2.2. Applicability of the results

There is no biological basis to believe that the findings of this review may not be applicable to developing countries, despite the fact that all trial included in the review were conducted in developed countries.

There may be some subgroups of women such as those with recurrent miscarriage who might benefit from progestogen treatment although that needs confirmation through further research as well.

2.3. Implementation of the intervention

To remove progestogen from the treatment list for threatened miscarriage, the most important step will be to increase awareness among policy-makers, health-care providers and patients about the fact that the practice is not based on evidence. Furthermore, proper counselling will need to be provided to any women presenting with threatened miscarriage.

To institute the use of progestogen therapy for recurrent miscarriage, treatment protocol for reproductive health care will need to be standardized and periodically updated by appropriate authorities, using an evidence-based approach.


Better knowledge of physiopathological mechanisms of miscarriage, in particular of recurrent miscarriage, needs to be generated in order to develop appropriate therapies. The long-term maternal and neonatal/fetal adverse effects of progestogen administration in early stage of pregnancy also warrant further investigation. Additionally, randomized controlled trials are needed to respond to the following problems:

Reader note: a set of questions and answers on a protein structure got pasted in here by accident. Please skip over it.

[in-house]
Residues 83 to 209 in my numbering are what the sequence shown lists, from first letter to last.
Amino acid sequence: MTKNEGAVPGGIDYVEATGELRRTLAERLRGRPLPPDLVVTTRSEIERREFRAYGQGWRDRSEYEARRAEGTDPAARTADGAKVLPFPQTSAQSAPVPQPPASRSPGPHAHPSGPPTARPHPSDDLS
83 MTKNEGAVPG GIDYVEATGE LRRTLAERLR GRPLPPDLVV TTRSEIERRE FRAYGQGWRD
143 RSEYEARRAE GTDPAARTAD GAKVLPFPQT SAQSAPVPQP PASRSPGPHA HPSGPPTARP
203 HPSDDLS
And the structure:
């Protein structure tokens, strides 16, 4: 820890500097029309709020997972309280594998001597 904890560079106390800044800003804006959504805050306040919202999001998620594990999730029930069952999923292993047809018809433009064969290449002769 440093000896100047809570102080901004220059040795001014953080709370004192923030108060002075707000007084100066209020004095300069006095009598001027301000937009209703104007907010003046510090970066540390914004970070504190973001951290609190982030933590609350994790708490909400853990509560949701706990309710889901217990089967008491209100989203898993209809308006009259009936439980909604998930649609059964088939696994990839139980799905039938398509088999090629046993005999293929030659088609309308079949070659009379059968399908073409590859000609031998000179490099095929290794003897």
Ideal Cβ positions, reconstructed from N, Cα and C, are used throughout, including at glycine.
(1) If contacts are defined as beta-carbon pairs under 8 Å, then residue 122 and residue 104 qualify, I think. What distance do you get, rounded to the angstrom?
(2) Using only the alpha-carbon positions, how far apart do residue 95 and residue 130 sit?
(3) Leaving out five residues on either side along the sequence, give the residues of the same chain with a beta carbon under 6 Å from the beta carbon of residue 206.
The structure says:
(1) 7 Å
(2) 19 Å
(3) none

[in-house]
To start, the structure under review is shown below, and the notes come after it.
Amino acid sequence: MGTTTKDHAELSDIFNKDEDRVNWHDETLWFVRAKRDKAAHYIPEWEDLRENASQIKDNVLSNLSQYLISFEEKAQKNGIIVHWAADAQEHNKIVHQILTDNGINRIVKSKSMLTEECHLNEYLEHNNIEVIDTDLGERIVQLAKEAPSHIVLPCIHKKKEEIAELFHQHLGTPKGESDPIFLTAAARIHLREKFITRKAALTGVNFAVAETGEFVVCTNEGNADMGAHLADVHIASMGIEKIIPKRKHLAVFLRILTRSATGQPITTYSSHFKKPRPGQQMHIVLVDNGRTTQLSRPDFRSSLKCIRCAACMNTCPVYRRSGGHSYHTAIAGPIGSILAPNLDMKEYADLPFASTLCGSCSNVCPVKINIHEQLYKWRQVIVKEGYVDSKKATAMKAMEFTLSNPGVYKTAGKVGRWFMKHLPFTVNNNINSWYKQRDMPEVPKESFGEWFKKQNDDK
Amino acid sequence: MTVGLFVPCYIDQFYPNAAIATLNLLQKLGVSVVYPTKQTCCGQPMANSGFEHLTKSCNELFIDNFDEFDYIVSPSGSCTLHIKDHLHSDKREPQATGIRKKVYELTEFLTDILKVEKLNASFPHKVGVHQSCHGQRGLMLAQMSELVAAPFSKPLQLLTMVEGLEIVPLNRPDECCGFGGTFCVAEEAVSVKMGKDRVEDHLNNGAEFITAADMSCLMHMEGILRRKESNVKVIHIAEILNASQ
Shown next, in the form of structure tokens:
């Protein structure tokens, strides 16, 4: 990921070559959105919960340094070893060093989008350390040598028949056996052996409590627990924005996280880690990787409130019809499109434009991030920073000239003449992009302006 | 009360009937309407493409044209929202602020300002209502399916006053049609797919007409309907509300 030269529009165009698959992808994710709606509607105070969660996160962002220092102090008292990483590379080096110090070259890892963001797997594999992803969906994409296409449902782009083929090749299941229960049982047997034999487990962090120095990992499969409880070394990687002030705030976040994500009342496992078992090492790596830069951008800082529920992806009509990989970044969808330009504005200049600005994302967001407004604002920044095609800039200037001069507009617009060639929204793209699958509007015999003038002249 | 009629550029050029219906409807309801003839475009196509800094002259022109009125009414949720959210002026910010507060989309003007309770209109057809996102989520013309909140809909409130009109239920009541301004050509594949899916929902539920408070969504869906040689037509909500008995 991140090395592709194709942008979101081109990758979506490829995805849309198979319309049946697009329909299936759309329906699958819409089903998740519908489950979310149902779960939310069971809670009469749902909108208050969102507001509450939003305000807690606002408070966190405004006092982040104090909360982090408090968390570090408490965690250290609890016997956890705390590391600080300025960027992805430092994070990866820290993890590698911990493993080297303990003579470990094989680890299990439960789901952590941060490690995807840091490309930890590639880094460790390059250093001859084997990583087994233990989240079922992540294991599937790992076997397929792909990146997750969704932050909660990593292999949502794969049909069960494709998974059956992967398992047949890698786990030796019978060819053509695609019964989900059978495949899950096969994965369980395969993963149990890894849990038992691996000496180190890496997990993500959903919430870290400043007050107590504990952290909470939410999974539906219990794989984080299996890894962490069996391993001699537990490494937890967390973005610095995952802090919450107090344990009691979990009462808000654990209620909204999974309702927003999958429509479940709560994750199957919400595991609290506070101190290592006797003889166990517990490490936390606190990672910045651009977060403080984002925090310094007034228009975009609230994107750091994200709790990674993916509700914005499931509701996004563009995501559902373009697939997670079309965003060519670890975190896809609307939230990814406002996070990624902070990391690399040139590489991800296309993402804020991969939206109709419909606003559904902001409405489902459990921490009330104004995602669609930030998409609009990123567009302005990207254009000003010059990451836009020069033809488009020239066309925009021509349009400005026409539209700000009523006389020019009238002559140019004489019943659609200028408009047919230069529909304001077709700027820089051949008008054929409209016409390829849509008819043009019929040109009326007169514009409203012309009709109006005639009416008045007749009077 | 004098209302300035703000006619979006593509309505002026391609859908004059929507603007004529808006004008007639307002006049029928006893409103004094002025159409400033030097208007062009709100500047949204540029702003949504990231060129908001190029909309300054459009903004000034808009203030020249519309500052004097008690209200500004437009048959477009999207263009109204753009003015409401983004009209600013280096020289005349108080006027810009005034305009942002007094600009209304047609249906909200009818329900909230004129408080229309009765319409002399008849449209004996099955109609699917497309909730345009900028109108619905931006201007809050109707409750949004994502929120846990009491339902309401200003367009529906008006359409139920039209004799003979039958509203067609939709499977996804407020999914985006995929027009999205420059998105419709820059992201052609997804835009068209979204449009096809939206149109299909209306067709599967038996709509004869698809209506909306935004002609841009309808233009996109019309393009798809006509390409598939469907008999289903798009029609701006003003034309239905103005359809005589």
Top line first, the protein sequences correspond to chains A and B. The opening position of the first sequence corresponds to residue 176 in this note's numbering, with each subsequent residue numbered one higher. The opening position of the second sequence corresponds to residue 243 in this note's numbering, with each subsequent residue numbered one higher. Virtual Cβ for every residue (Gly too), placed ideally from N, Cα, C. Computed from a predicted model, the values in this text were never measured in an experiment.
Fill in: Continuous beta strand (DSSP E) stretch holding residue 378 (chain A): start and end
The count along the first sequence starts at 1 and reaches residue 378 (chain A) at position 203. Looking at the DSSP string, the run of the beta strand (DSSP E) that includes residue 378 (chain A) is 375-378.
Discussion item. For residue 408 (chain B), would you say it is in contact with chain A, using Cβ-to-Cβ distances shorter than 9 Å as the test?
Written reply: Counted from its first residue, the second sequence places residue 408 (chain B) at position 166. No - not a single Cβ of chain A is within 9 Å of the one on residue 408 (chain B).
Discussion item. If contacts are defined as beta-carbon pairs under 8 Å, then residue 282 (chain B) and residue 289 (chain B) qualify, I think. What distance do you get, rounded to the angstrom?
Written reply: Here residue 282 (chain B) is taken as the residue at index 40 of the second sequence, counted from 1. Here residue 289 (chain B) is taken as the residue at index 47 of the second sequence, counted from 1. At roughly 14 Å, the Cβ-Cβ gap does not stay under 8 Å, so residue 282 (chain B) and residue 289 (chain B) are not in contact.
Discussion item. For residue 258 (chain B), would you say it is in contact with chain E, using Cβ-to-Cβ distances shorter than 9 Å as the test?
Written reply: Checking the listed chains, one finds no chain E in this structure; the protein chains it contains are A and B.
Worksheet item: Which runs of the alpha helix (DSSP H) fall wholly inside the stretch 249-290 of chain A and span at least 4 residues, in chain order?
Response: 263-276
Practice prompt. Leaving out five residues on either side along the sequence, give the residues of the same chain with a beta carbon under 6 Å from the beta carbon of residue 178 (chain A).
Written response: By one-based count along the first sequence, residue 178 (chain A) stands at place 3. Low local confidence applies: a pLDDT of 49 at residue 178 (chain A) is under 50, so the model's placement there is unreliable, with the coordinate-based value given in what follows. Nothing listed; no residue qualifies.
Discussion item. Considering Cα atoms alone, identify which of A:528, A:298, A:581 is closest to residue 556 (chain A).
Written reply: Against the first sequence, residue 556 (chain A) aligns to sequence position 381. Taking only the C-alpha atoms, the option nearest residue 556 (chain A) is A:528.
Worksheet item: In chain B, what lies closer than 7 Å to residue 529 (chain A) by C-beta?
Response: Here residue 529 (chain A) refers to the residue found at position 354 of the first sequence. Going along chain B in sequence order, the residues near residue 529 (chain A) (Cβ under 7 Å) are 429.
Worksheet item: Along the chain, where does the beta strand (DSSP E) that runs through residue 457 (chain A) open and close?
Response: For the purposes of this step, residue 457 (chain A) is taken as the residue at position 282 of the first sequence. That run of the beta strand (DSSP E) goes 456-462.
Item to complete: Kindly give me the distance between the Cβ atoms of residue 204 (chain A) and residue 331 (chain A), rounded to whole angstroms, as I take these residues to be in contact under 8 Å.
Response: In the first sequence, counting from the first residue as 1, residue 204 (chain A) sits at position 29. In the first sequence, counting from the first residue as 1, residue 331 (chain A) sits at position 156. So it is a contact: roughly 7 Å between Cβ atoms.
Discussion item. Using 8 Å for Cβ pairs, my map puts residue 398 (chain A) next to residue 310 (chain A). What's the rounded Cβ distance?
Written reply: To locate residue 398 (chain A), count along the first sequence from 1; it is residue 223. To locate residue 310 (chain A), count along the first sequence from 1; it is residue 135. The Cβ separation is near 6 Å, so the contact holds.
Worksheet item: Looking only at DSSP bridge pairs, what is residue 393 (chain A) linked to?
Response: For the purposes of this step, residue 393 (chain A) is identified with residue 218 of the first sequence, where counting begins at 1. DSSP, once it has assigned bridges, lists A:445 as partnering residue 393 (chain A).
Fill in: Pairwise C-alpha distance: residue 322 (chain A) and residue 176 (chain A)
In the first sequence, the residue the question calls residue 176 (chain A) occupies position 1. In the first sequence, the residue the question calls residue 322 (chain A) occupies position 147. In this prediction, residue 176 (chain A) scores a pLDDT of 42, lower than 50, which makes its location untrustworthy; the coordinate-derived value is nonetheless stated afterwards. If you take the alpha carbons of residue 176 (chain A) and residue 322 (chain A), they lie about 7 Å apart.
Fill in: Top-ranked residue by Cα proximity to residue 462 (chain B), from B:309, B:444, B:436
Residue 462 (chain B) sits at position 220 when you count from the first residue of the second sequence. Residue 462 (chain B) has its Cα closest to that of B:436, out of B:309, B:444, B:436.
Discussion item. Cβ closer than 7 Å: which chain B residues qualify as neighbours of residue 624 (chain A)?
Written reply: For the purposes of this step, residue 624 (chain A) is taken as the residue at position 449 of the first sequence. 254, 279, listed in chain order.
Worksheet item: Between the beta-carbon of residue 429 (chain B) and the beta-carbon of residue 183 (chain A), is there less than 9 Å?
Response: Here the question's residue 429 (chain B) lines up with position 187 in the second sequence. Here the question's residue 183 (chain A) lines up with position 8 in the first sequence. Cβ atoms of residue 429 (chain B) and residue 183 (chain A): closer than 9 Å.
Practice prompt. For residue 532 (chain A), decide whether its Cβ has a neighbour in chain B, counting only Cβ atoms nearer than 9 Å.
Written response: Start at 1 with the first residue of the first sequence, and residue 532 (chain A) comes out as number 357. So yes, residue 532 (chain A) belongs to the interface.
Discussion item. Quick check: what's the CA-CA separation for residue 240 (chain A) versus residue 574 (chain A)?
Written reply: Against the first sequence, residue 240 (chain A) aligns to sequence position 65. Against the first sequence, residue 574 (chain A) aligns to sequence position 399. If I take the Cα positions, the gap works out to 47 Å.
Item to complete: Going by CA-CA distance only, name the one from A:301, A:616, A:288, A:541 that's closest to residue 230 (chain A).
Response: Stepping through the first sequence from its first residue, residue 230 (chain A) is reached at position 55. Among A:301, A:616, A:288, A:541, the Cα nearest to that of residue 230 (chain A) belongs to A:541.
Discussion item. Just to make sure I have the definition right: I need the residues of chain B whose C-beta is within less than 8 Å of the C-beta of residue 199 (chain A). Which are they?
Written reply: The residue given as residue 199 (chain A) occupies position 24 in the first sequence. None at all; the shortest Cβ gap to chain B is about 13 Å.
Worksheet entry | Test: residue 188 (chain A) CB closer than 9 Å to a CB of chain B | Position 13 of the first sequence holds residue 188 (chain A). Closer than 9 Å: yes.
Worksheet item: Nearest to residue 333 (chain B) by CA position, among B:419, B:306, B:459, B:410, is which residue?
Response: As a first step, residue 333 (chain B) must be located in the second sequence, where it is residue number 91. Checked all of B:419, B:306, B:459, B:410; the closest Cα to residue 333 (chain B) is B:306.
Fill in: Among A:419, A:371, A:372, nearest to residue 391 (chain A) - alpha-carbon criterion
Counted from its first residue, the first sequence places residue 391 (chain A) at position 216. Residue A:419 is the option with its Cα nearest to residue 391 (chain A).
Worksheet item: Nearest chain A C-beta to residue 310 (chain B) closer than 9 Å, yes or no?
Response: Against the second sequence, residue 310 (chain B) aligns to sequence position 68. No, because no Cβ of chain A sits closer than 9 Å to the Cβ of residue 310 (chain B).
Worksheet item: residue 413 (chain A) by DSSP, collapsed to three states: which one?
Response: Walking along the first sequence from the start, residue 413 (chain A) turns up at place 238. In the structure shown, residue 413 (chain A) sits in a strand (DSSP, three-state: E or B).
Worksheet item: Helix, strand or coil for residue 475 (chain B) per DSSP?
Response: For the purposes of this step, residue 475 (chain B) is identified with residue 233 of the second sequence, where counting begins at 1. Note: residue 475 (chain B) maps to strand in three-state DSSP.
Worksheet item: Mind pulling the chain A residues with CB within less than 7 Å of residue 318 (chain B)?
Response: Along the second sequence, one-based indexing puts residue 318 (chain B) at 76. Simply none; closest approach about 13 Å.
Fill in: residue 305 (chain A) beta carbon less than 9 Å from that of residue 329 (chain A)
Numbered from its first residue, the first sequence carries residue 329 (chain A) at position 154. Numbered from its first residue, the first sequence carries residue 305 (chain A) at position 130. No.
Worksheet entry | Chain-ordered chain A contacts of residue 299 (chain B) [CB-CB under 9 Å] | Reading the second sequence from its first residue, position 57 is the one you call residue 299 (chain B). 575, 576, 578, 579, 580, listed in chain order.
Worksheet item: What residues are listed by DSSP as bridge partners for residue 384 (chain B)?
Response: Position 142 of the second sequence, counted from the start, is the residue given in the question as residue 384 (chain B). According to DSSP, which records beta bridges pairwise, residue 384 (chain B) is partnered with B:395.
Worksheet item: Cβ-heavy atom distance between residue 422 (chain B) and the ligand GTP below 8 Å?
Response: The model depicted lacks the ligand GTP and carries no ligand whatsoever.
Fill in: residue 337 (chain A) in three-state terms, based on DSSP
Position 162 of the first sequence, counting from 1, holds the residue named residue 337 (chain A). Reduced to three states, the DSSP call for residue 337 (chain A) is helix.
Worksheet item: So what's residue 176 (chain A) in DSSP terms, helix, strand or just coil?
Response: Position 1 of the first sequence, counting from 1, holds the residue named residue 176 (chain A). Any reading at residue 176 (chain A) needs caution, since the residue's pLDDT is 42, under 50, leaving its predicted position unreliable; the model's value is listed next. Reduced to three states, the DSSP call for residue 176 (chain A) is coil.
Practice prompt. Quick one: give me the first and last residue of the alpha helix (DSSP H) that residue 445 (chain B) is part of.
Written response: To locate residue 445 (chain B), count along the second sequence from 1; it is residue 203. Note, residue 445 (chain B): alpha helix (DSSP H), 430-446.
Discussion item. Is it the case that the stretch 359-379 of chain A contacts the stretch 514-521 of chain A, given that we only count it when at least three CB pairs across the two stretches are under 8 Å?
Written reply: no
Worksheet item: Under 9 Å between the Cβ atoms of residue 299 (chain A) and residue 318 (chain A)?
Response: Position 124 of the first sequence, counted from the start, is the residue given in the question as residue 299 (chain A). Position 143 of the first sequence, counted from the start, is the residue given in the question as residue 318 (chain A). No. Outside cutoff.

(1) What is the efficacy of progesterone treatment in terms of increasing live birth rate among women with recurrent miscarriage?

(2) What alternative treatments may be used to treat threatened abortion, especially recurrent miscarriage?


  • Kalinka J and Szekeres-Bartho J. The impact of dydrogesterone supplementation on hormonal profile and progesterone-induced blocking factor concentrations in women with threatened abortion. American journal of Reproductive Immunology 2005;53:166–171.
  • Sotiriadis A, Papatheodorou S and Makrydimas G. Threatened miscarriage: evaluation and management. British Medical Journal 2004;329:152–155.
  • World Health Organization Regional Office for Western Pacific. Maternal mortality in Vietnam 2000–2001: an in-depth analysis of cause and determinants. ;2005.
  • Dodd JM, Flenady V, Cincotta R, Crowther CA. Prenatal administration of progesterone for preventing preterm birth. The Cochrane Database of Systematic Reviews;2006, Issue 1.
  • Beyens MN, Guy C, Ratrema M, and Ollagnier M. Prescription of drugs to pregnant women in France: the HIMAGE study. Therapie 2003;58:505–511.
  • Donati S, Baglio G, Spinelli A, and Grandolfo ME. Drug use in pregnancy among Italian women. European Journal of Pharmacology 2000;56:323–328.
  • Villar J, Gulmezoglu AM, Khanna J, Carroli G, Hofmeyr GJ, Schulz K, and Lumbiganon P. Evidence-based reproductive health in developing countries. The WHO Reproductive Health Library, No. 8. Geneva: World Health Organization.

This document should be cited as: Thach TS. Progestogen for preventing miscarriage: RHL commentary (last revised: 8 March 2006). The WHO Reproductive Health Library; Geneva: World Health Organization.

[an error occurred while processing this directive]